The film is set in a small town near Warsaw, to which a young and coming director comes to produce a classic play (Wyspianski "Wyzwolenie") with a modern vein. Everyone in the production gets his usual stereotypical role, but the aging idol of the ensemble senses opportunity to give the performance of his life. For young director everything is already set. The leading man, however, is not giving up and is trying to restore the role according to his view. His wife listens to his fears, complaints and frustrations, while resigning herself to a fading career in a puppet theatre.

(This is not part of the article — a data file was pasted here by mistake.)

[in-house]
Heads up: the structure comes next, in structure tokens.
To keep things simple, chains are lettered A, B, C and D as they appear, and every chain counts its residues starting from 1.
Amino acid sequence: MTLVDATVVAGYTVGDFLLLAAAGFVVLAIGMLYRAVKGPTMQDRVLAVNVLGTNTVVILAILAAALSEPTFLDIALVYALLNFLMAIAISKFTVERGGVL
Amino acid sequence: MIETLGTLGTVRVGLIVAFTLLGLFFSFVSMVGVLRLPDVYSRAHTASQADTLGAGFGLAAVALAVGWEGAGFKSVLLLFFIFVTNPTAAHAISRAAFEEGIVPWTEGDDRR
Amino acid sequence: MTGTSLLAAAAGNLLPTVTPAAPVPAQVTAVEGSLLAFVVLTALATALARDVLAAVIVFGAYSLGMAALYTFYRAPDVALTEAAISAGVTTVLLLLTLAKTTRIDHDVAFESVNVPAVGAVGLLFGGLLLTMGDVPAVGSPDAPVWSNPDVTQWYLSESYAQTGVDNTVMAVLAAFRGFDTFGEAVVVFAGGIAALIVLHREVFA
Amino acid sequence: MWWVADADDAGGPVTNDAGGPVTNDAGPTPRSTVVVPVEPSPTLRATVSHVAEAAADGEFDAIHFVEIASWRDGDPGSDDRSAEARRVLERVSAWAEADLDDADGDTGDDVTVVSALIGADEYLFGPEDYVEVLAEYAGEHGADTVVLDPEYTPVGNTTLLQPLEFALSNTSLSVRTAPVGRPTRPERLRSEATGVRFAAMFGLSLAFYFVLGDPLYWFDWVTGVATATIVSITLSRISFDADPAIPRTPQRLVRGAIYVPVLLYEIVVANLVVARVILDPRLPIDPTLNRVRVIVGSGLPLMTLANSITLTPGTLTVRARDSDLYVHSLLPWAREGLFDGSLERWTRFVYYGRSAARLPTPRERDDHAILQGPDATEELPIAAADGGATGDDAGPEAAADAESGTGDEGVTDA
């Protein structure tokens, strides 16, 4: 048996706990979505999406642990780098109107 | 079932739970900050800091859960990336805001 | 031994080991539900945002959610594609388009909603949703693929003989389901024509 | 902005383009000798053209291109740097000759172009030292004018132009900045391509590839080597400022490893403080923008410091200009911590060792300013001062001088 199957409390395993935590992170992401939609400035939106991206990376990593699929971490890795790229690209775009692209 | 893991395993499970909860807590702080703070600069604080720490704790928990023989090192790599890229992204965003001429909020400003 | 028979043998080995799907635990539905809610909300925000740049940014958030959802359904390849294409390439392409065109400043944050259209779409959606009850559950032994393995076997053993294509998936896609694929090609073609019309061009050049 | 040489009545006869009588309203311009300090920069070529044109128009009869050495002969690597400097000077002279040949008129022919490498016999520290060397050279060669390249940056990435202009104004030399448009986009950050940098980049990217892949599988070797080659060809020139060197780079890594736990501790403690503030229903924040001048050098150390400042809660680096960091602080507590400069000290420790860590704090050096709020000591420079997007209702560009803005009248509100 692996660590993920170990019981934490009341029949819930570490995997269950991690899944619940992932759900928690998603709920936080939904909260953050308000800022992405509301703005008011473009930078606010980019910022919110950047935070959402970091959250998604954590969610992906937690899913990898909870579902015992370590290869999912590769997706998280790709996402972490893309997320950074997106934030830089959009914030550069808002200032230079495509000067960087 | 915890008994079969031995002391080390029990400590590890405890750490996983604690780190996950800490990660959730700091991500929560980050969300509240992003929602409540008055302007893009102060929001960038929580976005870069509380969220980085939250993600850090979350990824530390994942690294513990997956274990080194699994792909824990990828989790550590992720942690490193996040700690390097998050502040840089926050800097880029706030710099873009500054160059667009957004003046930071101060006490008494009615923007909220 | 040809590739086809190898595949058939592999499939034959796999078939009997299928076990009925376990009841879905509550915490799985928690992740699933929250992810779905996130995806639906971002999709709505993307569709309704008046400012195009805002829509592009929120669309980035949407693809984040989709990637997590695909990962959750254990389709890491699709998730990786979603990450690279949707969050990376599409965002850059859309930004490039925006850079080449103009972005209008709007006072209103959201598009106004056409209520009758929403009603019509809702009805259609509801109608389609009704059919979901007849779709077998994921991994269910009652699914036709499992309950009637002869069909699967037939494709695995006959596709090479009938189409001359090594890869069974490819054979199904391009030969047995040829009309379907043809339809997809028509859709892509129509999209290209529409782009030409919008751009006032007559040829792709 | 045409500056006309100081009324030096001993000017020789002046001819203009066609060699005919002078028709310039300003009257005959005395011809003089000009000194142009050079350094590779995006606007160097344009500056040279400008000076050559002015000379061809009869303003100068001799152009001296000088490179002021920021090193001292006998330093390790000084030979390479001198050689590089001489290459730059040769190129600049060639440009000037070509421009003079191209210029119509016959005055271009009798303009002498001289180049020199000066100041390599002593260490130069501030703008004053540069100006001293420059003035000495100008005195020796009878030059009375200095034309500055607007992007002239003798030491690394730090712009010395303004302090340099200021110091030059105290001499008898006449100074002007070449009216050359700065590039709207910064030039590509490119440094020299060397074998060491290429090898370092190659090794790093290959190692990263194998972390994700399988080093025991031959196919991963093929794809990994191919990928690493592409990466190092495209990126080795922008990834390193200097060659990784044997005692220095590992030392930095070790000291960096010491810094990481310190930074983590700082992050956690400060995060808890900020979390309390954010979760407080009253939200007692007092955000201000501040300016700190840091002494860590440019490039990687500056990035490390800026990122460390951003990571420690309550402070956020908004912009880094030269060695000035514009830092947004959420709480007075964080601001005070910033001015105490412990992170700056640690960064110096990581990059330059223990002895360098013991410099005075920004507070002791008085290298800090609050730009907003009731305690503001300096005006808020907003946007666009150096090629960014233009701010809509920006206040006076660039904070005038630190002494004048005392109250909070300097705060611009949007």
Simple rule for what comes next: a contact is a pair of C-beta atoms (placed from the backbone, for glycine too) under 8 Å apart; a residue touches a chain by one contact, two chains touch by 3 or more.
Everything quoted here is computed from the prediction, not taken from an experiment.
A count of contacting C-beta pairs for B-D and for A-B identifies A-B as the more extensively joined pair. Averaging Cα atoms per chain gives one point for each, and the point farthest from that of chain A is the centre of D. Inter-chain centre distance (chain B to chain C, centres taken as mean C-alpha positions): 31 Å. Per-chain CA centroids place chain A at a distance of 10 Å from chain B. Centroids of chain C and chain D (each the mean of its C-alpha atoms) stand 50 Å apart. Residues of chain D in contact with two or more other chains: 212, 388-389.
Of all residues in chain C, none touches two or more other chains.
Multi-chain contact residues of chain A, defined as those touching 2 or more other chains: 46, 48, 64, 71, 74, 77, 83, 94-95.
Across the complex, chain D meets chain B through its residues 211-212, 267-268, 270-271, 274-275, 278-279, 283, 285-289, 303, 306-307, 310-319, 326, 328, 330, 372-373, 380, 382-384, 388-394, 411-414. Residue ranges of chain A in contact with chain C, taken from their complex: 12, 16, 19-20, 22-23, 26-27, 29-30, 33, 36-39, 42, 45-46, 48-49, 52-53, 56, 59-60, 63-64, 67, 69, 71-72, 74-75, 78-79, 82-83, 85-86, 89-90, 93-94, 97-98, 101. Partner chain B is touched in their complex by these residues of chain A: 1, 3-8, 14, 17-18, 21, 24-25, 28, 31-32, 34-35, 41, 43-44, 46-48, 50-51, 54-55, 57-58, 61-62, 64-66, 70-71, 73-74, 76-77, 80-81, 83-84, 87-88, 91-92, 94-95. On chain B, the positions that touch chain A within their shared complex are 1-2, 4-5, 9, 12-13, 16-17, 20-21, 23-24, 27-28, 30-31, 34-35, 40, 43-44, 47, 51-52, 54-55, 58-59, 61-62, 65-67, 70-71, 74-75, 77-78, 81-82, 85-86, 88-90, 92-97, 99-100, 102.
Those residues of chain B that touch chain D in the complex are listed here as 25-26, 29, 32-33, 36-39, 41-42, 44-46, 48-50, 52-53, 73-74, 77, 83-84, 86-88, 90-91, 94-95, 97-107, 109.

Talented Polish female director Agnieszka Holland who would be better known in later years because of her films like Europa, Europa (1991) or some of her American works like Washington Square (1997), hits the mark early and again with this ostensible story about provincial actors in Poland. In reality, the comedy-drama can be read as a commentary on the contemporary Polish scene in politics and society. The story begins as a savvy director arrives in a small town to put on a stage play. His leading man is filled with insecurities and goes beyond the confines of his lead role to expand his part, restore his cut lines, and generally outdo himself while taking on some of everyone else's job, including the director's. No one wants to lose him because of his drawing power, and the director is caught in a bind. At the same time, the lead actor's wife is slowly losing her chances at success, being relegated to a much lesser position in the troupe. This fine comedy won the Fipresci award at the 1980 Cannes Film Festival.